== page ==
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Thread: Autotransformer Wiring

  1. #1
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    Autotransformer Wiring

    I know this may not be on topic, but I was hoping someone here could shed some light on this for me. I have a 2 kVA auto transformer that I'm wanting to use to supply 110VAC inside a control panel. I've never used an autotransformer and may have goofed when I ordered it for this purpose. The transformer primary will be connected to two phases of 240VAC. I want to get 110VAC on the secondary. The question is where do I connect ground? I'm thinking that it connects to the center tap of the transformer. Is this right or do I need to throw this one back on the shelf and order an isolated transformer?

    Thanks to all in advance,

    Jon

  2. #2
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    jrex -
    What is your source? When you say, "two phases, does that imply you have 120/240 3ph, or 240D 3ph?

    Quote Originally Posted by jrexrode
    ...The transformer primary will be connected to two phases of 240VAC. I want to get 110VAC on the secondary. The question is where do I connect ground? ...
    To the xfm case. I'm not sure why you would want to connect the system ground to any winding.

    Quote Originally Posted by jrexrode
    ... I have a 2 kVA auto transformer that I'm wanting to use to supply 110VAC inside a control panel.
    Just out of curousity, why an auto transformer? Did it save some dollars?

    carl
    Using the code for a design guide is a sign of incompetance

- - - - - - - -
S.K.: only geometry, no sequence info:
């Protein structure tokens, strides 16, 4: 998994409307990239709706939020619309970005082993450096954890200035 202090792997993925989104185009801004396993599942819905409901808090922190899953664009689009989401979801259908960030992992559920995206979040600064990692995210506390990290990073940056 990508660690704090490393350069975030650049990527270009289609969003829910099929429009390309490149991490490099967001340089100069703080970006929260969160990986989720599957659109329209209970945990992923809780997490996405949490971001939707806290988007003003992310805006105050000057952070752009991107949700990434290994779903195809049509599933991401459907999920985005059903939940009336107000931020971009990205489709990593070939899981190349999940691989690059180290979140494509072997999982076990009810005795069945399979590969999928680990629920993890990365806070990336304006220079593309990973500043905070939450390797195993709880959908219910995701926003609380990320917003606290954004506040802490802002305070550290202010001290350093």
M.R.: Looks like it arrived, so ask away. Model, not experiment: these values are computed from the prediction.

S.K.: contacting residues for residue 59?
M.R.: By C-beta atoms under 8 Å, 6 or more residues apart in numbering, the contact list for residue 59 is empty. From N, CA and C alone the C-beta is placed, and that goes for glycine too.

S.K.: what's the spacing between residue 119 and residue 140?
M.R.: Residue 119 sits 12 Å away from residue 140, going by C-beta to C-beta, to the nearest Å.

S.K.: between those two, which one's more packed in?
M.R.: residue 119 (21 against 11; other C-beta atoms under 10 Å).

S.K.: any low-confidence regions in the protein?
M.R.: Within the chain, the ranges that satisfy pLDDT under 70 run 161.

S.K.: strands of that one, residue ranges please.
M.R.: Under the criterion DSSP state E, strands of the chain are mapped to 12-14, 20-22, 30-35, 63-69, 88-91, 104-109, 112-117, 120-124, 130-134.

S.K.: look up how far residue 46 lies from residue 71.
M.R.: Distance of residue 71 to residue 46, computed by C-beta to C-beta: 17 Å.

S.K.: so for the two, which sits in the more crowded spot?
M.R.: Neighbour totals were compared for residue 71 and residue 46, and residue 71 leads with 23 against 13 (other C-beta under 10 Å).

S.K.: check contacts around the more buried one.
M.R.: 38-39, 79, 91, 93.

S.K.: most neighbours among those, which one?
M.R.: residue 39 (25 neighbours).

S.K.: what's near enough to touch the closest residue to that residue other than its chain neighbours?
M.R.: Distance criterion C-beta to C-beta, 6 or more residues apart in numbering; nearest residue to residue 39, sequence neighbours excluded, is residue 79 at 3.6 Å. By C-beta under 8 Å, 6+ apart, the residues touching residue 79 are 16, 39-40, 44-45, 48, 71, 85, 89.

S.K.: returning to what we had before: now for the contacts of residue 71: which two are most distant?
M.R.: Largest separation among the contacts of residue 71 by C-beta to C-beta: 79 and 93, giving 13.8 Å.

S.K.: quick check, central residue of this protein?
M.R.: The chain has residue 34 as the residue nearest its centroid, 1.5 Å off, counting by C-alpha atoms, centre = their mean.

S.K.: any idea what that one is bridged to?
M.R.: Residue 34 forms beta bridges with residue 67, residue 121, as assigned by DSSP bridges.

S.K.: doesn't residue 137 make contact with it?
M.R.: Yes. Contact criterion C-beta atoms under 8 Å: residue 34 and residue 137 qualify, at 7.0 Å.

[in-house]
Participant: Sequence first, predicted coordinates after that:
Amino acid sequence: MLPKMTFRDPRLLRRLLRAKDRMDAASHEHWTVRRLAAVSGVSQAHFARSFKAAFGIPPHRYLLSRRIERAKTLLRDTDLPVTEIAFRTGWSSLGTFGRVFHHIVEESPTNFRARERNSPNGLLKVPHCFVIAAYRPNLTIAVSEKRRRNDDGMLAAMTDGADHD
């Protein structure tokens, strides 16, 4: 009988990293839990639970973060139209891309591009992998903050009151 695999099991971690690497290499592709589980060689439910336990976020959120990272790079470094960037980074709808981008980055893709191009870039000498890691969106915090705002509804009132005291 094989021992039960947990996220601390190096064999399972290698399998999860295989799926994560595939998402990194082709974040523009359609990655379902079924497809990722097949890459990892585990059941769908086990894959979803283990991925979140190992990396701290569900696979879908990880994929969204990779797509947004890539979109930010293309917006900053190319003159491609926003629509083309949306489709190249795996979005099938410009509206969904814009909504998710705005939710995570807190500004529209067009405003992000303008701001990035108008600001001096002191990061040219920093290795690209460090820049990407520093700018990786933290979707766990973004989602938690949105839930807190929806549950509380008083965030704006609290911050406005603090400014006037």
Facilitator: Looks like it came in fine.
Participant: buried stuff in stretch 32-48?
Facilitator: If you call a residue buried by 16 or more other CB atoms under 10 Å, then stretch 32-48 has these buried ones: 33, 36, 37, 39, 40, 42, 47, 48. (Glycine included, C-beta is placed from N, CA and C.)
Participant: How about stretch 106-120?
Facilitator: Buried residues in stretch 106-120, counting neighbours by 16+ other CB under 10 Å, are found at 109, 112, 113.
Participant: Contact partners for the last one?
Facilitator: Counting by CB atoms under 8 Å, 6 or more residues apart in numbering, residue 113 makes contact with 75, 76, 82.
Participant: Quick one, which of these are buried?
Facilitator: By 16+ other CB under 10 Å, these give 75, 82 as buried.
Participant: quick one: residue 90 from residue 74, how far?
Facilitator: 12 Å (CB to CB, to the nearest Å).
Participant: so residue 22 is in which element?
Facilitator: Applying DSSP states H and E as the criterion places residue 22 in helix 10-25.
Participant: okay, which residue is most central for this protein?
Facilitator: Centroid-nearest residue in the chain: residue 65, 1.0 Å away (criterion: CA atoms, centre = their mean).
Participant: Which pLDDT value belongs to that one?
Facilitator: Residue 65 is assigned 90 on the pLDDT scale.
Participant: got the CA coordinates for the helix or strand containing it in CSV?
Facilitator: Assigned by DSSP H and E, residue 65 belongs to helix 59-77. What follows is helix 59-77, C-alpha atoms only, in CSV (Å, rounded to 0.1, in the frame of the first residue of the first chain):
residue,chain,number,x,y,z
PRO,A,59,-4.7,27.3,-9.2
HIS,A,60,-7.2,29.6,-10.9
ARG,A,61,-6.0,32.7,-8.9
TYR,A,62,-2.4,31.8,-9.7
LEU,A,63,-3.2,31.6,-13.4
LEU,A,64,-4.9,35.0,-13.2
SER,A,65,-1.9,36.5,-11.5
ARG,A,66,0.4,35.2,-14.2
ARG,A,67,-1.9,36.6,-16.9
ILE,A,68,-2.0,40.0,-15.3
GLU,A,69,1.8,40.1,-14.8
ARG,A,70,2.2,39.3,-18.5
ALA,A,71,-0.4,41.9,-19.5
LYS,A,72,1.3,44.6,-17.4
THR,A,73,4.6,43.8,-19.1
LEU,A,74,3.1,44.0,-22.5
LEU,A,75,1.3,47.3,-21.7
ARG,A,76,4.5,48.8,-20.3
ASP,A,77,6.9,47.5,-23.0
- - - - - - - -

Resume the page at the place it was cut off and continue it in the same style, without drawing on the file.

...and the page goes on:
3. #3
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    That seems to be an unusual application for an autotransformer. What does the wiring diagram for it look like?

    Jim T

  4. #4
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    Quote Originally Posted by jrexrode
    I've never used an autotransformer and may have goofed when I ordered it for this purpose. The transformer primary will be connected to two phases of 240VAC. I want to get 110VAC on the secondary. The question is where do I connect ground?
    If this is actually an autotransformer, then you do not have a separate primary and secondary winding. You have a single winding which is _both_ your input and output.

    Because the output is electrically connected to the input, you do not want to make any grounding connection on the output.

    You will not have a grounded conductor present on the output unless you have a grounded conductor on the input. If you do have a grounded conductor on the input, and you can connect the transformer so that it is on a terminal common with the output, then you can have a grounded conductor on the output.

    In the case of 240V in versus 120V out, with an autotransformer, the only common situation that would let you have a grounded conductor on the output is if you have a corner grounded delta source.

    -Jon

  5. #5
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    What is your source? When you say, "two phases, does that imply you have 120/240 3ph, or 240D 3ph?
    I have two legs of the 120/240 3ph supplying the input.

    Just out of curousity, why an auto transformer? Did it save some dollars?
    It was cheaper than an isolated transformer. I didn't understand fully how this thing operated when I bought it, thinking it would be a suitable substitution for an isolated transformer.